Lead up to race day
Over the summer of 2017 I decided to do something different, something challenging but fun, new and interesting. I thought it was time to find something else to the usual routine of uni training for BUCS Triathlon in May and then a summer off. So with that in mind I set out looking for a new challenge.
My friend Bronagh from Eutri was competing at the European Age Group Championships in Dusseldorf earlier on in the summer so I thought I could do something like that. I found out that the Worlds were taking place in September, and in Rotterdam, The Netherlands, not that far considering they were in Mexico the year before and are in Australia next year. To get there you need to qualify, so I set off with my dad to Wales to compete in my first drafting race. It was a sea swim in some really choppy waters which was great fun then a two lap cycle round the headland of Llandudno, an extremely scenic piece of rock jutting out into the sea. After going nice and hard on that I had a run to look forward to along the beach promenade, it could not have been flatter. I had pushed a little too hard in the first two disciplines so paid for it on the run and missed out from the podium by only 7 seconds! But I qualified. I had come second in the age group to Jack Bond (Exeter Uni) who I found myself with in the bike pack at worlds.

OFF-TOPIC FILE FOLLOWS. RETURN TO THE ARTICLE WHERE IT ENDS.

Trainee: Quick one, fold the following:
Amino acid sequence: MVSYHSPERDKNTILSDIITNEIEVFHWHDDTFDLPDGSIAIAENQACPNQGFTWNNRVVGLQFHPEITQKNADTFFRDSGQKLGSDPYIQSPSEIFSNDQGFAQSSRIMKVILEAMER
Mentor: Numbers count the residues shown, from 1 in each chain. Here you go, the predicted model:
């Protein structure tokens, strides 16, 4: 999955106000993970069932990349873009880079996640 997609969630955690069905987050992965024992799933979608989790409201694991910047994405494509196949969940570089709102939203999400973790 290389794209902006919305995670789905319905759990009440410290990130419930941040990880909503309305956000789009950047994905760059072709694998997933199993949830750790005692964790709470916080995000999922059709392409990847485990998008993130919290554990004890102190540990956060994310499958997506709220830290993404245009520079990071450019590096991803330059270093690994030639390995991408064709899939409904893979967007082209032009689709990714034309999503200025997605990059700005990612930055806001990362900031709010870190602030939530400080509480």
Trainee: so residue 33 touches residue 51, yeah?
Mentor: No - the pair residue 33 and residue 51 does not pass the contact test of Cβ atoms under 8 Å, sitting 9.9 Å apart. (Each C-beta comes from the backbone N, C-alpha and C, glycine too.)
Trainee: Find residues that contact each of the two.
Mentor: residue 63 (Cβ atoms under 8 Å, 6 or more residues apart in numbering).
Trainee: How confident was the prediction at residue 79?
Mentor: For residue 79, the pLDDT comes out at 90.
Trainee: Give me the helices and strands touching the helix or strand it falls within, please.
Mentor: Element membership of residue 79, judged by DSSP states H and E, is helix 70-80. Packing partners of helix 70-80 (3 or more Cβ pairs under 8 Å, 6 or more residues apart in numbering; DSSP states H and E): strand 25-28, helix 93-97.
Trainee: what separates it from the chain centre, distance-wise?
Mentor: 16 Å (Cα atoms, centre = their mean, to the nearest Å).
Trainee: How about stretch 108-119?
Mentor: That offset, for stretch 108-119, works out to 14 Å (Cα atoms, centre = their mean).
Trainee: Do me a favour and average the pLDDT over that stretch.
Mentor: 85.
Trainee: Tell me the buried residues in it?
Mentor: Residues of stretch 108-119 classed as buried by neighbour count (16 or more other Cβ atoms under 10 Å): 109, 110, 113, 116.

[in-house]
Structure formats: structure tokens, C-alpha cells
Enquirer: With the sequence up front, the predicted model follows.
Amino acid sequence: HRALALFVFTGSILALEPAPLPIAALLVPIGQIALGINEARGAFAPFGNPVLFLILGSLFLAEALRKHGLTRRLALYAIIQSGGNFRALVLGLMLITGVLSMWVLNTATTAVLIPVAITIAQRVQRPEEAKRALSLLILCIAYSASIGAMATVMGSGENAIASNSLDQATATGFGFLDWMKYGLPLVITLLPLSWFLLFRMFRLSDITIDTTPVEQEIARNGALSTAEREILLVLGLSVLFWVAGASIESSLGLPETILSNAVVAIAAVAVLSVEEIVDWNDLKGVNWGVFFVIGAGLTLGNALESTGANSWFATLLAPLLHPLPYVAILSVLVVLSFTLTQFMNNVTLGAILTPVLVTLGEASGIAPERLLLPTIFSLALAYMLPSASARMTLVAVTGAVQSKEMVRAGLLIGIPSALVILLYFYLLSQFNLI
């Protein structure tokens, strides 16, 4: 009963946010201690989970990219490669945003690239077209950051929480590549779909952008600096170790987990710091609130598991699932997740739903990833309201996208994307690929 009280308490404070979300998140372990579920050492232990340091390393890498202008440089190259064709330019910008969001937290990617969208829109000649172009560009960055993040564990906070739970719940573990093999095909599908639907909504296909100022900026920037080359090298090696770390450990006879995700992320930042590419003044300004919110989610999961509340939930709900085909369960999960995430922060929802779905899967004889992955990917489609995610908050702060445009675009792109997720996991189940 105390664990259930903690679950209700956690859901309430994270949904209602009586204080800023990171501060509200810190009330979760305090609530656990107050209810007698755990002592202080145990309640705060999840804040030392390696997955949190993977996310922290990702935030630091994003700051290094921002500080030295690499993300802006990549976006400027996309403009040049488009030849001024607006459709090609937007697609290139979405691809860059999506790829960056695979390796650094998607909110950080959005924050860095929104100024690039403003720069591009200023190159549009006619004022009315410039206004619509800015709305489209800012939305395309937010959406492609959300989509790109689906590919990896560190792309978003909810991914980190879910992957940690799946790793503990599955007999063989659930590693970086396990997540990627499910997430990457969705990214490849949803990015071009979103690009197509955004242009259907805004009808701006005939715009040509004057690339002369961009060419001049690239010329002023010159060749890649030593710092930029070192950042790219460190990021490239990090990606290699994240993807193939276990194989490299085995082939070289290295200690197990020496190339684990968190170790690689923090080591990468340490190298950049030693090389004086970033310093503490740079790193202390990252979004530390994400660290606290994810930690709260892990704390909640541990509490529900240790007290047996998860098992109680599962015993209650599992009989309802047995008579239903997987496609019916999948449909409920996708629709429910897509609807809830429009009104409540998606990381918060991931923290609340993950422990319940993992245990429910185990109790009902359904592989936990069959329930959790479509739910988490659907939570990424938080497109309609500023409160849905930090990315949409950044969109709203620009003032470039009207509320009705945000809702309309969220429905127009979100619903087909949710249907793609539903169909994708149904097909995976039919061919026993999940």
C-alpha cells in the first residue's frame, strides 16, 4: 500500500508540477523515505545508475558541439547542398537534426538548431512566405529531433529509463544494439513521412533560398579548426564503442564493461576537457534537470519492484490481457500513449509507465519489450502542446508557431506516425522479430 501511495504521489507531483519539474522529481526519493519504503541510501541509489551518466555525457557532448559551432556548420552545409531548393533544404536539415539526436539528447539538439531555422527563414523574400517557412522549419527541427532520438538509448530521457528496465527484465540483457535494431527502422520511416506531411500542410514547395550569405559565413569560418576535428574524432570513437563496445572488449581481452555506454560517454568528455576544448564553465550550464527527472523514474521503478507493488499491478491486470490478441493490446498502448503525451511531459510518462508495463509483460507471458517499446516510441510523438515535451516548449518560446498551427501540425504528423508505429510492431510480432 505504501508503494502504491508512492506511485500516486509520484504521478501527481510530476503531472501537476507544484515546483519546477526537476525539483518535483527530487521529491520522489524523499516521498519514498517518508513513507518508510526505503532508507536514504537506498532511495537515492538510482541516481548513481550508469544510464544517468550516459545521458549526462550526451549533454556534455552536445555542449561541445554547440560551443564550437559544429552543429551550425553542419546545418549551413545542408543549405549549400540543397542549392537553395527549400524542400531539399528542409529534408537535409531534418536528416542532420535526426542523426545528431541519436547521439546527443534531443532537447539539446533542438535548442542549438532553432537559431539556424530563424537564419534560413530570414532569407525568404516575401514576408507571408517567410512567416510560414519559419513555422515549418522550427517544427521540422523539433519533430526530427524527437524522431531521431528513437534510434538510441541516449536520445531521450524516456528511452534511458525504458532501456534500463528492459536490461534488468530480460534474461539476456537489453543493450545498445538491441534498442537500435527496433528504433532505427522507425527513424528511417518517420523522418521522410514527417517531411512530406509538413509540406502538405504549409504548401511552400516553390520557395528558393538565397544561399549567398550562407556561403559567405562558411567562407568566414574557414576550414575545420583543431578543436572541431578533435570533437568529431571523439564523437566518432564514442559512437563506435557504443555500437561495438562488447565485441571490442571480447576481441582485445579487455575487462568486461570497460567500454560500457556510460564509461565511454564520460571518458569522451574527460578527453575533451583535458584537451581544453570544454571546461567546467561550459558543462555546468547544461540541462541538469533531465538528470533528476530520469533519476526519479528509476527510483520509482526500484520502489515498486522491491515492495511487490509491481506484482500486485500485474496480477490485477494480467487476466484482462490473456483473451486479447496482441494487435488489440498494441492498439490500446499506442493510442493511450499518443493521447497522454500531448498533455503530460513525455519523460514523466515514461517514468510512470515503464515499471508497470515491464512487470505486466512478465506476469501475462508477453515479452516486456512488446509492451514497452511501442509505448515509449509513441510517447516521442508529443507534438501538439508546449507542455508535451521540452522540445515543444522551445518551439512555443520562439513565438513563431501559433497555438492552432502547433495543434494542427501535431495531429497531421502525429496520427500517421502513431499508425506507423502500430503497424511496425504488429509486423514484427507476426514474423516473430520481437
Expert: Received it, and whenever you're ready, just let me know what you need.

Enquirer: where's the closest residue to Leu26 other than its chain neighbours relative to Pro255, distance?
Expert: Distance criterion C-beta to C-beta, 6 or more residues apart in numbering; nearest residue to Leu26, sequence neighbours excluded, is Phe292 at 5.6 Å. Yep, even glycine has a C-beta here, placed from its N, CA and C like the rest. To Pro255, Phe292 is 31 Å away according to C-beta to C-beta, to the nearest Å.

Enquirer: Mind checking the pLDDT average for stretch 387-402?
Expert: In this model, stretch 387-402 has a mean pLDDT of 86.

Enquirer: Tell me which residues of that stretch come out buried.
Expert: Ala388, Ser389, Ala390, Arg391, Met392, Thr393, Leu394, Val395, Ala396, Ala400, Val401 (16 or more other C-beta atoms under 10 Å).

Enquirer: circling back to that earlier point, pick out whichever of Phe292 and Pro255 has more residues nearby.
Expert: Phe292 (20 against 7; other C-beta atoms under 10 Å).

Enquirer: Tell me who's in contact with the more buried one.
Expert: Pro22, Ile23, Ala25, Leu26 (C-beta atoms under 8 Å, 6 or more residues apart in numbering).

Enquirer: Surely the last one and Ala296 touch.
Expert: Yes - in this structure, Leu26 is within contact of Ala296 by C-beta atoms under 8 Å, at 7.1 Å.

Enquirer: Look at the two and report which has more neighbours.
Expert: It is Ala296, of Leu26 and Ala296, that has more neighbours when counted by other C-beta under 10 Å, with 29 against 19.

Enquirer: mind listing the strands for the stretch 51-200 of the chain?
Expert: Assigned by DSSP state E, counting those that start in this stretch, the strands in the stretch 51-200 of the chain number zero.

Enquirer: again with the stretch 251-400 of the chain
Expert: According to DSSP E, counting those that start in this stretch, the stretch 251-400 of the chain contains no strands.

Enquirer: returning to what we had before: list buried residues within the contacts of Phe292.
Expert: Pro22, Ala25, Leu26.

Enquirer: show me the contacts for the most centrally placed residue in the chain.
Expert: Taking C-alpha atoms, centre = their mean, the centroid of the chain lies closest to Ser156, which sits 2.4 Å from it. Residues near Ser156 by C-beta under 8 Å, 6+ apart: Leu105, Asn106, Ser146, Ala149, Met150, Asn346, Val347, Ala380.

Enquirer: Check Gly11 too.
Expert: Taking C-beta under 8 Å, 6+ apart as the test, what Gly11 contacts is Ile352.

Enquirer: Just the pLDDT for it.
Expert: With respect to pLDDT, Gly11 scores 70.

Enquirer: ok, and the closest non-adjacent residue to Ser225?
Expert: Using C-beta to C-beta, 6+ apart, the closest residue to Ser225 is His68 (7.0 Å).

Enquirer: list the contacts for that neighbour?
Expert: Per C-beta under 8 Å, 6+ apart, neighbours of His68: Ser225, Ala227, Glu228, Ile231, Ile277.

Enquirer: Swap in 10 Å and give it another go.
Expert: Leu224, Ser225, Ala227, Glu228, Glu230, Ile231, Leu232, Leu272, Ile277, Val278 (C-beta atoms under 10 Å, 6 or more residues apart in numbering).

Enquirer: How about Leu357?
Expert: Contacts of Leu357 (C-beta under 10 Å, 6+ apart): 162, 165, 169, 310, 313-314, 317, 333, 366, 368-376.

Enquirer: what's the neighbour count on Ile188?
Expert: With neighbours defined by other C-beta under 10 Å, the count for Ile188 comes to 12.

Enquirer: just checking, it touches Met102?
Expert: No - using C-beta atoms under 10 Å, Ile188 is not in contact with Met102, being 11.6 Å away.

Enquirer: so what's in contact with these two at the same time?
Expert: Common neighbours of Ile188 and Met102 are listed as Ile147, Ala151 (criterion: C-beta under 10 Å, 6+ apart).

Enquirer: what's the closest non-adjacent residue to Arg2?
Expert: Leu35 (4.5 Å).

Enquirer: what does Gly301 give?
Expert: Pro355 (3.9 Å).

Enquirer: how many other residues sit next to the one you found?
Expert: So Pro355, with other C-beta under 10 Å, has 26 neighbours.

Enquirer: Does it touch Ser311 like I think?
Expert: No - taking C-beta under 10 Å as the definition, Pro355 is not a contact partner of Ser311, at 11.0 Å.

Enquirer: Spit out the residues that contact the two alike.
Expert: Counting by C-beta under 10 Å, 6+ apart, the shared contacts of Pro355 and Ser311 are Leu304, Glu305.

Then I contacted Linda to get me in shape for the big race. Two huge training blocks later (not that bad really) and two trips to the mountains (family holiday for one, pure training the other) I felt ready. Three weeks prior to the race, the time when you should be doing your biggest loads and intensities I found myself at the tri club summer trip in the Pyrenees with 4 others from Eutri. The week was spent doing basically a triathlon a day and hours climbing mountains on the bike. Paul pushed me and I am grateful for it now. Best way to spend a holiday I say.
Then a few weeks on the bike was packed again, this time for the real deal. Rotterdam ITU world grand final. The pros were racing the Saturday, Age groupers the Sunday. The city was alive with Triathlon. Every traffic light, bike path and café terrace were lined with eye wateringly beautiful bikes, worth more than any normal persons first car. All the hotels were fully booked and the event venue was buzzing from the Thursday. I registered, met some friends and had a look round the course, though not all of it as I forgot to look for the dismount line which I paid for on race day… Amateur. I also swam at the pool which was taken over by triathletes and met Richard VARGA, only the fastest swimmer in tri. I just missed Duffy which was a shame.
The pro race the next day was incredible. My dad almost walked into Johnny Brownlee as he made his way to the start line. The speed involved, the proximity with the competitors and the margins around each corner, it was all so incredible to see these guys in the flesh. In the end Luis the French man won, with Blummenfelt 2nd and Mola 3rd.